So that's where you come in. Even though the big charting project is mostly dead, that doesn't mean you can't chart the games anyway. I have the template we used. I have the numbers of the last two seasons. (Somewhere. I think.) And though we won't be able to see trends across the sport, I still have an interest in the things charting can tell us about Auburn football itself. I just don't have the time. Maybe you do.

Tuesday, June 16, 2015

Summer Update: You Take a Crack at It

We're 80-something days away from the start of the 2015 college football season. Let's see how my blogging goals are coming along.

  • Gene Chizik's recipe for disaster: Done.
  • Game Scripts and Knockouts: Game Scripts will have to wait another season, but Knockouts? Done, done, and finally done.
  • Jeremy Johnson clips: Not done and won't be. I made a video of every packaged play Auburn's used since 2013 instead. Breakdown here.

  • Hurry-Up Snaps: Not done. More on that in a bit.
  • Passing Game Explainer: On target for August.
  • College Football Championship Belt: Renaming it the Transitive Trophy. I have the whole list from 1869 to now, but not sure how to present it. We'll see.
Now, about those Hurry-Up Snaps. I used the cut-up videos to get the seconds left on the play clock for every snap Auburn had on offense. But the video doesn't show the play clock on some plays. Lots of them if it's a CBS game. And it's hard to know if the offense had a full 40 seconds to work with or if there were only 25. The list of reasons it starts at 25 is longer than I thought it was. Basically, I don't trust my numbers enough to go any further.

So, I'm gonna drop it. It's a shame too, because I had a "hilarious" image to go along with it.

But this is where you come in. Maybe you can extract some meaning from the data. Maybe you want to at least give it a try. Great! Here's a link to the data in Google Sheets. I prefer you download it first, but I have another copy so don't worry about messing it up. Go ahead and tinker with it as you wish. And if you get something useful out if it, by all means let me know by commenting below, emailing me, tweeting at me, whatever.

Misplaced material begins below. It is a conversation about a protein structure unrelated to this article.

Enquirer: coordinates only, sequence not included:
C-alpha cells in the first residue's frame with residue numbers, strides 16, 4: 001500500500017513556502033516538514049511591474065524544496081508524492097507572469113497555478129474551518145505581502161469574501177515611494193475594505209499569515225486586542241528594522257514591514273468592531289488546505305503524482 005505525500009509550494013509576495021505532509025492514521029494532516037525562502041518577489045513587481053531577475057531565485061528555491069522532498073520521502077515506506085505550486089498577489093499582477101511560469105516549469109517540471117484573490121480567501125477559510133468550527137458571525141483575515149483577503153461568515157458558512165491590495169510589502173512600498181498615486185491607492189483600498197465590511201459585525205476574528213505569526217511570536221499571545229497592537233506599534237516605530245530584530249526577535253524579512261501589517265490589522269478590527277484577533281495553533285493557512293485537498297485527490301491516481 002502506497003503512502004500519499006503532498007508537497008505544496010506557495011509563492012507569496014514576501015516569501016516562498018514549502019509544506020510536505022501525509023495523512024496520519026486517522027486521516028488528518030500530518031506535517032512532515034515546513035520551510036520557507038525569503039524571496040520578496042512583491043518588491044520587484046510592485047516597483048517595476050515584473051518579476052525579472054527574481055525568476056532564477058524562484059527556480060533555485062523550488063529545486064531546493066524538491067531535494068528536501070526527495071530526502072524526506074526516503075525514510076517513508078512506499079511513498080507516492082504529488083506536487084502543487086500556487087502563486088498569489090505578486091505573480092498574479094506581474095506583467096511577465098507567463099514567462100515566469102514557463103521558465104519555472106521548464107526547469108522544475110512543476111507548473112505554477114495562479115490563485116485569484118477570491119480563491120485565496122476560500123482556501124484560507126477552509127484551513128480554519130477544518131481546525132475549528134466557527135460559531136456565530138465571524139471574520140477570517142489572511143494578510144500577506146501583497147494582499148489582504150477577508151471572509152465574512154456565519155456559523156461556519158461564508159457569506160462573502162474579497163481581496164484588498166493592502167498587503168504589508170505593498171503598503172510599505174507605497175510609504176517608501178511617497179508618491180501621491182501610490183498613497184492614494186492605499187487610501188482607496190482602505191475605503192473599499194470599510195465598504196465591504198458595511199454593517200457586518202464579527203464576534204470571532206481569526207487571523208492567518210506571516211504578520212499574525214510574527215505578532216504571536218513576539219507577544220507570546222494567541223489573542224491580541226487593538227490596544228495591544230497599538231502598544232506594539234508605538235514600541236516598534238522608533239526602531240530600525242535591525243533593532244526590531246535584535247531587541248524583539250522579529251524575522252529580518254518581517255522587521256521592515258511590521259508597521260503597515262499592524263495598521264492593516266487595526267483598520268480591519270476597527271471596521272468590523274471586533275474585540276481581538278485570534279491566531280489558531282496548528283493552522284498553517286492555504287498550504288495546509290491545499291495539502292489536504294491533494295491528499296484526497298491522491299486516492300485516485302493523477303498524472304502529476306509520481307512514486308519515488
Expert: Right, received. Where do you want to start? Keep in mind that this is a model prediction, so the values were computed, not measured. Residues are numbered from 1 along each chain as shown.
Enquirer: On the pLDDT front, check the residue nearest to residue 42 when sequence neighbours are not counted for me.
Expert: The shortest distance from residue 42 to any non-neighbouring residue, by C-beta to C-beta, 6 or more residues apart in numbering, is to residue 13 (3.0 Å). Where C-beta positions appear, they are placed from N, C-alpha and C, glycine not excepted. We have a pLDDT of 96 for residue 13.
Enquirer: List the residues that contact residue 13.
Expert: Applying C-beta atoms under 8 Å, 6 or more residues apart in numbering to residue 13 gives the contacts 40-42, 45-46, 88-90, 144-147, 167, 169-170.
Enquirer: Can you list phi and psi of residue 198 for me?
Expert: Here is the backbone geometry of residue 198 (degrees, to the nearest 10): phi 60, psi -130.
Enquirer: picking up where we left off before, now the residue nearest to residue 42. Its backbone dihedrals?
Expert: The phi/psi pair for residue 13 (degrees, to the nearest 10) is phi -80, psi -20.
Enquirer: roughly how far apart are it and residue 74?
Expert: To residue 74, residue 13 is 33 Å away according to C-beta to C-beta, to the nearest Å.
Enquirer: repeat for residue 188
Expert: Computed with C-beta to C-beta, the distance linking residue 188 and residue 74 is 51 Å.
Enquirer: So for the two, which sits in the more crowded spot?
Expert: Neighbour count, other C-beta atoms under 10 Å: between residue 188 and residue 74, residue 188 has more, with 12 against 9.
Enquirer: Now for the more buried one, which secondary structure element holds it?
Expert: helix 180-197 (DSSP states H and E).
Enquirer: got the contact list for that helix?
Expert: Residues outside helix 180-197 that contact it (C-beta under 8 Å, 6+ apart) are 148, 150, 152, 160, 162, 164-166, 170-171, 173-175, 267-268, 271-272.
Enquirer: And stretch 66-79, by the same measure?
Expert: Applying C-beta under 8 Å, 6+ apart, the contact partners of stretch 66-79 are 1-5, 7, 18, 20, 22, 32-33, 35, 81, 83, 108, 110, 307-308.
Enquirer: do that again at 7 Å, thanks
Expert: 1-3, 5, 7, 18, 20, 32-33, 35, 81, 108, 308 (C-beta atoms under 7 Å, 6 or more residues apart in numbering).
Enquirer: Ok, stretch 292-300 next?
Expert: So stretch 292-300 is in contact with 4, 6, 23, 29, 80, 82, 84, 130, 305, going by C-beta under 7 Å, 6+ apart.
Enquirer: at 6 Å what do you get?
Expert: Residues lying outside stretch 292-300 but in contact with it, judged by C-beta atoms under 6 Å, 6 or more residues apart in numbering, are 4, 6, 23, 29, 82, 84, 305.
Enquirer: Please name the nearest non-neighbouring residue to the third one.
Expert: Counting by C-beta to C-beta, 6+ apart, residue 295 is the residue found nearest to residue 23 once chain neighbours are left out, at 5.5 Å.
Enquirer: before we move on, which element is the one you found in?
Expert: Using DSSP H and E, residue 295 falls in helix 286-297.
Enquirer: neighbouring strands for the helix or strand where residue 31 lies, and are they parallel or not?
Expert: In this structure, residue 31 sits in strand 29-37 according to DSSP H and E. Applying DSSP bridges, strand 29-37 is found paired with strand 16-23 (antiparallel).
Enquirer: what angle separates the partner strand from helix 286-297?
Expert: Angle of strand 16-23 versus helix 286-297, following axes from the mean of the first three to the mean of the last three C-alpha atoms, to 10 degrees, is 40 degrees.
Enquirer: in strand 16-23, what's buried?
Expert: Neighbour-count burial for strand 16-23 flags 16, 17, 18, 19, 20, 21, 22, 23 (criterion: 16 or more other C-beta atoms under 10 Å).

I look forward to seeing what you can do!

Thursday, January 8, 2015

The 2015 Outback Bowl and then the Off Season

Auburn ended the season with a loss to Wisconsin in the Outback Bowl. In overtime, Gus Malzahn called for a trick play to win it, but it backfired. This is what it was supposed to look like.

But against the Badgers, the Tigers lost yards. Oh well.

Wednesday, July 16, 2014


To teach myself some video editing and inspired by this tweet...
...I made this video and saved it for Bret Bielema's day at SEC Media Days. That time is now.

If you are wondering why BERT is so mad about up tempo offenses later today, watch the HUNH teams of the SEC West (Auburn, Texas A&M, and Ole Miss) run and pass all over BERT's Razorbacks for a reminder.

Wednesday, August 21, 2013

Why Am I Standing Here? Malzahn's Most Used Formations

What's in a formation?

Football is a game with many arbitrary rules. Why four downs to get 10 yards? Why not five to get 15? Each team can field 11 players. Why not 12 or 13, Tennessee?

Arbitrary rules also dictate the basic structure of offensive formations. Of the 11 on offense, four must be in the backfield, or behind the line of scrimmage. That leaves seven that must be on the line. Obviously, one of the players in the backfield is the passer (who may or may not actually be the quarterback), but the other 3 are eligible to receive a pass. Of the players on the line, each one on each end is also an eligible receiver.

Seven are on the line, and the X and Y are on the ends, so they are eligible receivers.
Everyone is the backfield is an eligible receiver.

Tuesday, August 20, 2013

Easy as 1,2,3... & 4,5,9

What did Grant mean by "time at the 4"?

Gus Malzahn wants to run his offense at as fast a pace as possible. But faster communication is needed to achieve faster pace. Since his time as a high school football coach, Malzahn has developed a system that allows the play calls to be communicated from the sideline that is easy to understand for the offense and hard to decipher for the defense.

One aspect of this communication system is the skill position numbers. Traditional skill position designations are letters. The quarterback is QB (duh), the split end is X, the tight end is Y, the flanker is Z, the fullback could be F, and the tailback could be T. A typical formation would look like this.

Malzahn uses the following numbers for the skill positions. The quarterback is the 1, the split end is the 9, the tight end is the 5, the flanker is the 2, the H-back is the 3, and the running back is the 4. Now the typical formation looks like this.